Hugh DuffyIn 1894 Hugh Duffy set the all-time single-season record by hitting .440 for the National League’s Boston Beaneaters. As you might expect, that year was a bit fluky at 6.8 WAR. His next two top seasons were in the American Association (4.7 WAR) and the Players League (4.2 WAR). Funnily enough, Bill James called Duffy’s slugging percentage in 1894 the greatest fluke SLG of all-time, but didn’t say so about his batting average. Upon very little investigation, this characterization makes sense since Duffy slugged .694 that year and never higher than .482 in any other season. The killing of Duffy ties him with Bob Caruthers with 25 elections of review before a departure. That’s now second most ever. See below. Cheerio, Sir Hugh.

Mike MarshallLots of baseball fans will refer to Cal Ripken and Lou Gehrig as baseball’s iron men. Maybe Joe McGinnity? Others will refer to 1970s relief pitcher extraordinaire, Mike Marshall, as such. And they’d be right. The guy pitched in 198 games and threw 387.1 innings in 1973 and 1974, all in relief. He holds both the AL record for games pitched in a season with 90 for the Twins in 1979, and the major league record with 106 for the Dodgers five years earlier. That season he also set another record that seems unfathomable today. He pitched for the Dodgers in 13 consecutive games. And we’re not talking some lefty specialist called on to get one batter out and then take leave. During the stretch, Marshall pitched at least two innings eight times and only once threw less than one inning. What’s more, he was awesome during that run – two saves, two holds and six, yes, six wins. By the way, his streak ended in the second game of the double header on July 3, and Marshall came back with a win on July 4, another successful outing on July 5, and saves in both halves of the double header on July 7.

Cal McVeyMany of those who like baseball statistics love runs batted in. They show who’s clutch! Those who like baseball statistics in the manner we do at the HoME like runs batted in a lot less. They show who has opportunity. I’m not sure who loves NABBP, NA, and NL C/1B Cal McVey, but I do know he’s the man who holds the National Association record for career runs batted in. And opportunity was even more of a big deal in the days of the National Association than it is today. See, there were twenty-five total teams in the five years of the NA. Only seven of them played in more than two seasons, just three of them played in every season, and teams routinely played unbalanced schedules. For example, McVey’s Boston Red Stockings played 79 games in 1875. But there were other teams that played just 13 games or 14 or 19 or 28 or 47 or 49. See, it’s opportunity. And I’d like to take this opportunity to congratulate Cal McVey, the current record holder for most times reviewed by our esteemed HoME election committee before dismissal – 27.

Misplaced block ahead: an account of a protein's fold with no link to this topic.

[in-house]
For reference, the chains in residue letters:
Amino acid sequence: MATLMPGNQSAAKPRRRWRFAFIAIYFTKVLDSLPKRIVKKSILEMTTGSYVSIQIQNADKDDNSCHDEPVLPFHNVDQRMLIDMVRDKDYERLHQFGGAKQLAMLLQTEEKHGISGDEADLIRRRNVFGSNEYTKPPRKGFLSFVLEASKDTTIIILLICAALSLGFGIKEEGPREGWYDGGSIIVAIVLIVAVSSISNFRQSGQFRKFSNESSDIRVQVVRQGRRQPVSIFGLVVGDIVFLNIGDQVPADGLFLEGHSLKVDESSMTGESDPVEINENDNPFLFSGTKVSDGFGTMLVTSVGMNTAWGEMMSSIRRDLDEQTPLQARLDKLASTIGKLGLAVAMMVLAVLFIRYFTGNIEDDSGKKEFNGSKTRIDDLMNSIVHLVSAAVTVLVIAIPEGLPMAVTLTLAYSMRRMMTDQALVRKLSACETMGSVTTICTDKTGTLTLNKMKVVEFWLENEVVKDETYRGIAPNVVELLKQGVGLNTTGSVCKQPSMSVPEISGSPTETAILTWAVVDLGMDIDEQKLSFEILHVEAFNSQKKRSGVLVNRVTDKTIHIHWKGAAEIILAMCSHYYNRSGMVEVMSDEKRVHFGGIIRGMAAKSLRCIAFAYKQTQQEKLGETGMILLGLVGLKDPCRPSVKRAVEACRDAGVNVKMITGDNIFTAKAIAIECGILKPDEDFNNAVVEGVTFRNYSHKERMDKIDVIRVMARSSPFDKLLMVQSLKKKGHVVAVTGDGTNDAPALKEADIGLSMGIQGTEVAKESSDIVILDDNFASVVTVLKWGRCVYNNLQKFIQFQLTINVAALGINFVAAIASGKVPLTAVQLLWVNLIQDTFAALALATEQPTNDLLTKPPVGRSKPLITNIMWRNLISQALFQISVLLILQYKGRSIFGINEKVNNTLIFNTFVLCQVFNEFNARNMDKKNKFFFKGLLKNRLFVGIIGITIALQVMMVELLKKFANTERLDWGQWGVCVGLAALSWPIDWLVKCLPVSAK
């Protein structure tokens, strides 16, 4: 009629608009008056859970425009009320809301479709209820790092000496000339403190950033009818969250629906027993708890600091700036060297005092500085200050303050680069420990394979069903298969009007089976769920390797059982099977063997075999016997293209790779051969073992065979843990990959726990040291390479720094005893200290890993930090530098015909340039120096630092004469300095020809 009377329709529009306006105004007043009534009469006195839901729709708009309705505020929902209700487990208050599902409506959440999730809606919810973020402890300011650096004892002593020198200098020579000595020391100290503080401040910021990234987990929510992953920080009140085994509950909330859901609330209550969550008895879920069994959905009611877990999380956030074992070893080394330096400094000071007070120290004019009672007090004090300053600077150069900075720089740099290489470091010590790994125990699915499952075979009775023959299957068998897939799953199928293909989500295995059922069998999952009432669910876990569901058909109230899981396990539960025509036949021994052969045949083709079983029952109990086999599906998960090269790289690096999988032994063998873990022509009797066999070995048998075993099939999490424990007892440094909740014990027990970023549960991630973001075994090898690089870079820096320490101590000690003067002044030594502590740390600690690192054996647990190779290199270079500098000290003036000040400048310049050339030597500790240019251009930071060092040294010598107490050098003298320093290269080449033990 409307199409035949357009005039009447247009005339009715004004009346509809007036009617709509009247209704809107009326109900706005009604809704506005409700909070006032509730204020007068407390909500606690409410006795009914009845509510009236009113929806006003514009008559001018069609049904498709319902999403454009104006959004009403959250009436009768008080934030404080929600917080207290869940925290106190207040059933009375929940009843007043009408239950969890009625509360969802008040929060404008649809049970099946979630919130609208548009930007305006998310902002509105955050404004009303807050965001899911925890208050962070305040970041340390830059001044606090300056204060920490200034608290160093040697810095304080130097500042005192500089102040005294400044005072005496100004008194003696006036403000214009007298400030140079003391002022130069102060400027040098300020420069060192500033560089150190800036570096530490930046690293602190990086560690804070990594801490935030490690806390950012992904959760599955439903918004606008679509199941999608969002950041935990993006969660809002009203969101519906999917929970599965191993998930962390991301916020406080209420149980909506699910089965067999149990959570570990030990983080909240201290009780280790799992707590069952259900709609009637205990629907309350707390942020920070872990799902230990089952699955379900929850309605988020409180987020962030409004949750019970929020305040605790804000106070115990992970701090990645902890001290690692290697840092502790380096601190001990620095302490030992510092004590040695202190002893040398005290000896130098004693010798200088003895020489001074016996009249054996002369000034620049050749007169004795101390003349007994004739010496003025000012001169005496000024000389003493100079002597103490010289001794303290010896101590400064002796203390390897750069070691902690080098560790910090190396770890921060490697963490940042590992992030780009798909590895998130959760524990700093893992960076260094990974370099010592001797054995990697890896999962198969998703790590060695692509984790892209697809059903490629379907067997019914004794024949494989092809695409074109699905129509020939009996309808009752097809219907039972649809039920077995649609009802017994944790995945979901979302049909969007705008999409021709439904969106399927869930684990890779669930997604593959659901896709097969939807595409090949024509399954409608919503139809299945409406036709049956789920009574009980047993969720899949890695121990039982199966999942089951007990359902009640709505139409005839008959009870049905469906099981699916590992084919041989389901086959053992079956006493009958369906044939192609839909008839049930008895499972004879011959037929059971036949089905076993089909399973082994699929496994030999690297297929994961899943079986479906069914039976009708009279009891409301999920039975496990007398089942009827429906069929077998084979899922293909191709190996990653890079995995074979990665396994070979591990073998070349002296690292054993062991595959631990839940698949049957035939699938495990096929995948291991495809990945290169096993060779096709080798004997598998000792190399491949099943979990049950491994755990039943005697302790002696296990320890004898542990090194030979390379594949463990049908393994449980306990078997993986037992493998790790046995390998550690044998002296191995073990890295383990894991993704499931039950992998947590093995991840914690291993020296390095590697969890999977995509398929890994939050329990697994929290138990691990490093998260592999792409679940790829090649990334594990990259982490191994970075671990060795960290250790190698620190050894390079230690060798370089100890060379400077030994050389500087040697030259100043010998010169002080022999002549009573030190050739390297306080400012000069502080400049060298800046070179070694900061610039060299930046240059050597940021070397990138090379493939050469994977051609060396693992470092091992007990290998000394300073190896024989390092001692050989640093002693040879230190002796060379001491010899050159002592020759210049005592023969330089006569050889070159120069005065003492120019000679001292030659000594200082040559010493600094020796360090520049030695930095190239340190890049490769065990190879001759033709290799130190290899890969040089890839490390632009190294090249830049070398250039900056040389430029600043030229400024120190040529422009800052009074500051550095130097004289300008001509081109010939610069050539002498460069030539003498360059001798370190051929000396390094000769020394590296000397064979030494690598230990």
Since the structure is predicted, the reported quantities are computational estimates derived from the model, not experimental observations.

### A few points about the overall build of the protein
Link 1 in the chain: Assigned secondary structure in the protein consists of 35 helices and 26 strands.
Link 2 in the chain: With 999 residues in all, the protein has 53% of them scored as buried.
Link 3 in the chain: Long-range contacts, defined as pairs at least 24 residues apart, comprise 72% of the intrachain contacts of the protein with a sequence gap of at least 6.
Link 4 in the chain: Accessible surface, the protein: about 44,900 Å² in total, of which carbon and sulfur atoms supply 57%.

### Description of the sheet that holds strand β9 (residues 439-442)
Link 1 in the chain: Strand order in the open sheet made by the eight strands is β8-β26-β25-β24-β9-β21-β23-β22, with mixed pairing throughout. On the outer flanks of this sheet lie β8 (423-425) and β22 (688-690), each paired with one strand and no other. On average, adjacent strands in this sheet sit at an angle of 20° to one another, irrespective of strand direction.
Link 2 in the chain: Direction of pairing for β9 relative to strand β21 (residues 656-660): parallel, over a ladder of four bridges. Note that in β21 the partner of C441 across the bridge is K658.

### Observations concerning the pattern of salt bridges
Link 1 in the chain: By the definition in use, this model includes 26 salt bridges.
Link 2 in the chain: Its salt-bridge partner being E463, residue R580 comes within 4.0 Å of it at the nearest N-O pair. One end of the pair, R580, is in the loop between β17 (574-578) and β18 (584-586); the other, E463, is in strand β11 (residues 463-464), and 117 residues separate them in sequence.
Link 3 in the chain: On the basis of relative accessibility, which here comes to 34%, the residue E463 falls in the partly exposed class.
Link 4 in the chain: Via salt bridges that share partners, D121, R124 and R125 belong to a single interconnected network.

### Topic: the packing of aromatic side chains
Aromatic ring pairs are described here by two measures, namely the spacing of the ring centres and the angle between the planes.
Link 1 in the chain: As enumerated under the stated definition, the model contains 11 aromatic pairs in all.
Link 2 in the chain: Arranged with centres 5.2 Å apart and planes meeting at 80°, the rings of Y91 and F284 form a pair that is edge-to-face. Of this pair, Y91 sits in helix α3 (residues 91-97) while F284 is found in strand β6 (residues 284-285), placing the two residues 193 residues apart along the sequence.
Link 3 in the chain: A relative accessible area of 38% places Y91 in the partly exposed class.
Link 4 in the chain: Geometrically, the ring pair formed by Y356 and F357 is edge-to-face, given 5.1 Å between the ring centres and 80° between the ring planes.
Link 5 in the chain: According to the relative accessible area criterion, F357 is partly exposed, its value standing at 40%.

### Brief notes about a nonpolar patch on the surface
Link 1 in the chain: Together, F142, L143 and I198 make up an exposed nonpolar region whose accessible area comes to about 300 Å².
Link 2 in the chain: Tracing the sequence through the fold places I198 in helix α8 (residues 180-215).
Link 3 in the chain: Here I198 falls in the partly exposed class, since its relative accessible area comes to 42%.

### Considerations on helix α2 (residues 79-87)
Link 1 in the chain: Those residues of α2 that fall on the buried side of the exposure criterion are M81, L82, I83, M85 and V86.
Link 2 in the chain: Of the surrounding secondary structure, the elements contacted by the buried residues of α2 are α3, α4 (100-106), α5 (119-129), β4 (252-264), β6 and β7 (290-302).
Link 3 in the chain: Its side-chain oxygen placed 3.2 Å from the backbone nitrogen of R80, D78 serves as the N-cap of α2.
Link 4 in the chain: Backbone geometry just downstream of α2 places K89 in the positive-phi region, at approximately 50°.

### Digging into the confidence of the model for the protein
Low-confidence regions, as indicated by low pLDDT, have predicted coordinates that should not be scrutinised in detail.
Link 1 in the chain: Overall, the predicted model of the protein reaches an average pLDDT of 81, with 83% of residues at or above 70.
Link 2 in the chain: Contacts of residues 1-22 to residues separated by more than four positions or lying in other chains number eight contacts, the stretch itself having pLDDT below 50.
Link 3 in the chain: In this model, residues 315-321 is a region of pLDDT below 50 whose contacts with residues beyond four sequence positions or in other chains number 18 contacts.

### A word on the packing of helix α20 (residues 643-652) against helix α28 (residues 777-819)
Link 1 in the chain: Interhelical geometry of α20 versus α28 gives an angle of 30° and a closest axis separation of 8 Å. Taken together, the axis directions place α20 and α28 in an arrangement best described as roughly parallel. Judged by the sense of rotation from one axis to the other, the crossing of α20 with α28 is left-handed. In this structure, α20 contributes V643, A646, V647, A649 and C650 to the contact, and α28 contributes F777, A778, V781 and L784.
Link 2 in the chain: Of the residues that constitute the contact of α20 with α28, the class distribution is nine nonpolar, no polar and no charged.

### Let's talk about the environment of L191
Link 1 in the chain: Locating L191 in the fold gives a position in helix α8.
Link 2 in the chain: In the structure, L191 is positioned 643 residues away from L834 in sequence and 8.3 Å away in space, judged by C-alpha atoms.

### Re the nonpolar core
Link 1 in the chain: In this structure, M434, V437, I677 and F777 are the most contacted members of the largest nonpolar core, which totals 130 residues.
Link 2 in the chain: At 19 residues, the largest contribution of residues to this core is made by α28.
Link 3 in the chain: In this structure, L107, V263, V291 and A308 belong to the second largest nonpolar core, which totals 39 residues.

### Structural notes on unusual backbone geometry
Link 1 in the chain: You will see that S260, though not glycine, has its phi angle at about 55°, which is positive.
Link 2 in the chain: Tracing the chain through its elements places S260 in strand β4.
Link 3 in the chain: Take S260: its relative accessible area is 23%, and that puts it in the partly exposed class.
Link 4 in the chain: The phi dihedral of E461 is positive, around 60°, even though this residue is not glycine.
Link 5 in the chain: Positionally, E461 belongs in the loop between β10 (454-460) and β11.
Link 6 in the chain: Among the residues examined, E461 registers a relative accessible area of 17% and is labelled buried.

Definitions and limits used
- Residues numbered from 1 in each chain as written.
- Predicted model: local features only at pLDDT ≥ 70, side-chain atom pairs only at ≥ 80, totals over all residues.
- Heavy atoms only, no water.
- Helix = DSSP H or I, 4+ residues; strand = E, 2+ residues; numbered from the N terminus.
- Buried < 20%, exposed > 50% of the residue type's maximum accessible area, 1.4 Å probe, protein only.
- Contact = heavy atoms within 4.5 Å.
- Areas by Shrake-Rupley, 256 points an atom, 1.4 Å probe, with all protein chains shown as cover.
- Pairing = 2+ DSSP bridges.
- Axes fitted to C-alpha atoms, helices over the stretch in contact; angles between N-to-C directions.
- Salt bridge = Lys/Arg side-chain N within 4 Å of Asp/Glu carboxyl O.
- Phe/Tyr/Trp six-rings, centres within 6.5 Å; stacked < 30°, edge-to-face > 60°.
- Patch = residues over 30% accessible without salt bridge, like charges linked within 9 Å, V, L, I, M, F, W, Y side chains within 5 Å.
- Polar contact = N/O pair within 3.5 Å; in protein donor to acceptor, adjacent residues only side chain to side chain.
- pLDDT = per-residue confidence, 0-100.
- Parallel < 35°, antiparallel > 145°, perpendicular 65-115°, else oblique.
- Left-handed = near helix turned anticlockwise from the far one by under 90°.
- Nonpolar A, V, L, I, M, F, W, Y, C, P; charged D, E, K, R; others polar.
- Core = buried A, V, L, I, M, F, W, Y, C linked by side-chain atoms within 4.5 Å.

That’s it for this election. Please visit our Honorees page to see the plaques of those who have made it into the HoME, and check back here after the 1988 election for more obituaries.

Miller

Advertisements

Discussion

No comments yet.

Tell us what you think!

Fill in your details below or click an icon to log in:

WordPress.com Logo

You are commenting using your WordPress.com account. Log Out / Change )

Twitter picture

You are commenting using your Twitter account. Log Out / Change )

Facebook photo

You are commenting using your Facebook account. Log Out / Change )

Google+ photo

You are commenting using your Google+ account. Log Out / Change )

Connecting to %s

Institutional History

%d bloggers like this: